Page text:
National Fisherman


Mixed Catch 

jerryJerry Fraser is NF's publisher and former editor.

 

 

Alaska wild-caught salmon is definitely in fashion these days — one need only get a load of what Copper River salmon commands for price to understand that. But now the word is the state's prized fish has the opportunity to become fashion.

According to Alaska Dispatch, salmon skin is being fashioned into leather. And it's being used to make all sorts of products — shoes, wallets, handbags, jackets, pants and dresses.

"There is a large demand for it," Sabah Coles, who works in Germany-based manufacturer Nanai's newly opened Los Angeles office, told the Dispatch. "It's used for iPhone covers, motorcycle seats, and has been used for golf gloves, shoes, wall panels, lamps and book binding — anything that you can do with regular leather."

Check out the pics of some of these creations. http://www.alaskadispatch.com/article/could-demand-salmon-leather-spawn-new-cottage-industry-alaska (Note to self: Do not let girlfriend see the shoes. Her Shoe Shrine is already obscenely large.)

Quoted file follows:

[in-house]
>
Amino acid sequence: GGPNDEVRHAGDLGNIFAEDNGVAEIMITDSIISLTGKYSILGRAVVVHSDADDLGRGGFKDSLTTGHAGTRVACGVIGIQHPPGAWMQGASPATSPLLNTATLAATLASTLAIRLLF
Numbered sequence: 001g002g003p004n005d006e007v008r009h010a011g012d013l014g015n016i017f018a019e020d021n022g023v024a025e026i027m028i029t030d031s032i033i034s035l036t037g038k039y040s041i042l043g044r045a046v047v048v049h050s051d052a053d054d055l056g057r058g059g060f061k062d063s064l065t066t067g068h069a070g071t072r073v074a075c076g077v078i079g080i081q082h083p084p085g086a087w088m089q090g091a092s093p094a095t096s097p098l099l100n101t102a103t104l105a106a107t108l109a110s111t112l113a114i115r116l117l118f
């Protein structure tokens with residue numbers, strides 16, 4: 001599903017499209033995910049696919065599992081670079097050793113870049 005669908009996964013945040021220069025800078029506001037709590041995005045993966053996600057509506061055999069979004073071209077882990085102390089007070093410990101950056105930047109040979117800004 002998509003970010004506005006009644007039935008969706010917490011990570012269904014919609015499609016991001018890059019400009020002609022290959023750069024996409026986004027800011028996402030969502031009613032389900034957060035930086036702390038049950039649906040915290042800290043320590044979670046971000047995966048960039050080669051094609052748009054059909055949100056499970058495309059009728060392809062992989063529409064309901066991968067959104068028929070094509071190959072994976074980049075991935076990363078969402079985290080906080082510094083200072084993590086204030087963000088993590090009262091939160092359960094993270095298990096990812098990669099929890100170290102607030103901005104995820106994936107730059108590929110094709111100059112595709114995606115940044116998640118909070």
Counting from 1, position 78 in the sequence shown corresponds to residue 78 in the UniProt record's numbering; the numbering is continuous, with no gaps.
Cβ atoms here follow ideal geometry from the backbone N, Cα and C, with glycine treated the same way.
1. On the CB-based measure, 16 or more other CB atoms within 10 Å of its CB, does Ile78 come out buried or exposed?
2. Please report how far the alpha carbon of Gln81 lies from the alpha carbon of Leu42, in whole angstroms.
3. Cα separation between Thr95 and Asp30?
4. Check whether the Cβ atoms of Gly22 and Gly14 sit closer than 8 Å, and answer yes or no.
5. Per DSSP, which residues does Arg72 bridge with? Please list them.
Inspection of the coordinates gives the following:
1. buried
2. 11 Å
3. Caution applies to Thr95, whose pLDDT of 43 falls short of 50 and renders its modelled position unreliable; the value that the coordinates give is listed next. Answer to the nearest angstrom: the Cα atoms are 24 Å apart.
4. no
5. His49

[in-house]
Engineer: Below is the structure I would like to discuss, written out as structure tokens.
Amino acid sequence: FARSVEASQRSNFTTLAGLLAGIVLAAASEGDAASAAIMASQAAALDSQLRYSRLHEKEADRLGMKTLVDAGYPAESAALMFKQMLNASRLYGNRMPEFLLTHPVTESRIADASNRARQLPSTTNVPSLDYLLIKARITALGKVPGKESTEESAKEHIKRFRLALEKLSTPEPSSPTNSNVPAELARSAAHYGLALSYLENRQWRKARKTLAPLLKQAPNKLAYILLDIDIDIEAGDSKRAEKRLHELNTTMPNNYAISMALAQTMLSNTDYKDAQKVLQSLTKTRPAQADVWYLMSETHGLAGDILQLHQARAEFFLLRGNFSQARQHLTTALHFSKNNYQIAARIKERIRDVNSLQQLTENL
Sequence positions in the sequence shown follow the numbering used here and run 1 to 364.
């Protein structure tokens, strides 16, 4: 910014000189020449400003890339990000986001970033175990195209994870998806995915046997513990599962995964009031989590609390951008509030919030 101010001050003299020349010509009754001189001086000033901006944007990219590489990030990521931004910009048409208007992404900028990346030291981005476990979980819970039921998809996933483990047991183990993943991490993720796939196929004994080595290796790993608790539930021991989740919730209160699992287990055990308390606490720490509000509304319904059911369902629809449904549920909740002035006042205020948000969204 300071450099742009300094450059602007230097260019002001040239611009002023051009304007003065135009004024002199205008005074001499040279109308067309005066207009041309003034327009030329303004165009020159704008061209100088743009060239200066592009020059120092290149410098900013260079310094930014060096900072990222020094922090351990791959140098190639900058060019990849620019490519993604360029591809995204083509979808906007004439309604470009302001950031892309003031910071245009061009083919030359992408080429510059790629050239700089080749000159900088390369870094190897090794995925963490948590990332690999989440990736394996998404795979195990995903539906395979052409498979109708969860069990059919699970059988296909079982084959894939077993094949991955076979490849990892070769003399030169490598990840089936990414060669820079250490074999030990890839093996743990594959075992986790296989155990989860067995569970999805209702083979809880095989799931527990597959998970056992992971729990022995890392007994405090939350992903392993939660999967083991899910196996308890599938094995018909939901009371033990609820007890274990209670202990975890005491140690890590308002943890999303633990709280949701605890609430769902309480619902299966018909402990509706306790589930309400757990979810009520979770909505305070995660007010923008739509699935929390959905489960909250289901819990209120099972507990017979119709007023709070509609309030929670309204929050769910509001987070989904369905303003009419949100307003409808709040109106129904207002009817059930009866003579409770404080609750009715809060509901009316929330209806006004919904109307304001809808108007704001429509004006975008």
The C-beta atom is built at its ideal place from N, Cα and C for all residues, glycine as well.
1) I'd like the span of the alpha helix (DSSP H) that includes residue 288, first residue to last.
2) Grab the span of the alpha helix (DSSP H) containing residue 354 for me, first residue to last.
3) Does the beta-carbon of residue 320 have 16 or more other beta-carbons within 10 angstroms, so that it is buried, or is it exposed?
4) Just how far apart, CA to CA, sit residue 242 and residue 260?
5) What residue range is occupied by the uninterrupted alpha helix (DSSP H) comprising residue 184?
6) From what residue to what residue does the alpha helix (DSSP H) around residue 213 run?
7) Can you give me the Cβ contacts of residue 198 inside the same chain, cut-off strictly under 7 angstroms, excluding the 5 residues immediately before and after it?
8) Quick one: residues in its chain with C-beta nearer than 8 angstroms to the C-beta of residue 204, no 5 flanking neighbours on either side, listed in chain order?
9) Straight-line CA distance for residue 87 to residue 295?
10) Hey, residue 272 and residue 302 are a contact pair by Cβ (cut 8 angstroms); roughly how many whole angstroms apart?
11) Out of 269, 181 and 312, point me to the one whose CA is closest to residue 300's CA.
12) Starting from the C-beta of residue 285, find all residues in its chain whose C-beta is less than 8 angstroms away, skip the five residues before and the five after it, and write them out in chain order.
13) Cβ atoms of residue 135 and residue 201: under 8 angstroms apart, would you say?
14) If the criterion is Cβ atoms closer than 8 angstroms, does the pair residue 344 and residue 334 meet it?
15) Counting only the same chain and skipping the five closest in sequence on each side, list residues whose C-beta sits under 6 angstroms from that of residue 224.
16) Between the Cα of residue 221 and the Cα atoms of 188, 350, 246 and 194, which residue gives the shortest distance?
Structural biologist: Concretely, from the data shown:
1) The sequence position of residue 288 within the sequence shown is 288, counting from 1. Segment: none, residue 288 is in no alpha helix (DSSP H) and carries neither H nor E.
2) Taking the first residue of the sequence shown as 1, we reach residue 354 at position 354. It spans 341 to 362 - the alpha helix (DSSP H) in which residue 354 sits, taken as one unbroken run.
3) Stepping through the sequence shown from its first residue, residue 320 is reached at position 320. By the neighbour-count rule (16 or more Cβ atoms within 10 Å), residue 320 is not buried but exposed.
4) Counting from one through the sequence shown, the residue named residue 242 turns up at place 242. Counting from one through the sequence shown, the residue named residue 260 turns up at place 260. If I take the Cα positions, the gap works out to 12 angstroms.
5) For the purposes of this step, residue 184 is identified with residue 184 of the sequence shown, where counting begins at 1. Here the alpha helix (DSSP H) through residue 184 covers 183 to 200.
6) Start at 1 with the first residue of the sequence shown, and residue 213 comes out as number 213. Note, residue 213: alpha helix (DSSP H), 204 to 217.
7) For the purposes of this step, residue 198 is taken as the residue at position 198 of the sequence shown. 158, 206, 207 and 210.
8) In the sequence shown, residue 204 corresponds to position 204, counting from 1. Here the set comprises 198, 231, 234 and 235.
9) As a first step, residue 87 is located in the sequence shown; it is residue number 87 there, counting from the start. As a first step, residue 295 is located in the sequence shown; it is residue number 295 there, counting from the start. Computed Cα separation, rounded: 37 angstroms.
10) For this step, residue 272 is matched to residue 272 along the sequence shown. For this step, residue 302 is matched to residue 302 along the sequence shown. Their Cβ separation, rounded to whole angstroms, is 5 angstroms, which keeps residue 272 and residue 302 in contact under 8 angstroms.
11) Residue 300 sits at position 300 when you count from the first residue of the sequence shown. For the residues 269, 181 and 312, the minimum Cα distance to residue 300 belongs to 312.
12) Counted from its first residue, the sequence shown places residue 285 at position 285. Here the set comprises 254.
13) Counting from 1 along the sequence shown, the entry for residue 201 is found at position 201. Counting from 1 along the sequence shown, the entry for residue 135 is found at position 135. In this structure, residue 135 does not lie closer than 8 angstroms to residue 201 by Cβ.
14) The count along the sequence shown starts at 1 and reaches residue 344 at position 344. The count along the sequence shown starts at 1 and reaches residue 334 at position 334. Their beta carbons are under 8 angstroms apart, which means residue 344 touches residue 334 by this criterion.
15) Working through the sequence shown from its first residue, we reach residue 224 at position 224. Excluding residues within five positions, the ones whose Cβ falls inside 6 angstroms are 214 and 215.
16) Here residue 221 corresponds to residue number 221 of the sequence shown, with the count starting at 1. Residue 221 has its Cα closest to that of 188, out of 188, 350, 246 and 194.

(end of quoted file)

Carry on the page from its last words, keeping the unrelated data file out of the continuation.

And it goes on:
Not only are salmon leather products in demand, they are being touted as being eco-friendly. Salmon leather, the story says, is considered "a sustainable material derived from the natural bio-waste of salmon processing."

Well, here's to you Alaska salmon. You're delicious, nutritious and will soon be gracing the runways of Paris, Milan and New York.

Inside the Industry

(Bloomberg) — After fighting for more than two years to avoid paying almost $1 billion in oil spill damages to Gulf Coast shrimpers, oystermen and seafood processors it claimed didn’t exist, BP Plc has thrown in the towel.

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(Bloomberg) — Millions of dead fish stretched out over 200 kilometers of central Vietnamese beaches are posing the biggest test so far for the new government.

The Communist administration led by Prime Minister Nguyen Xuan Phuc has been criticized on social media for a lack of transparency and slow response, with thousands protesting Sunday in major cities and provincial areas.

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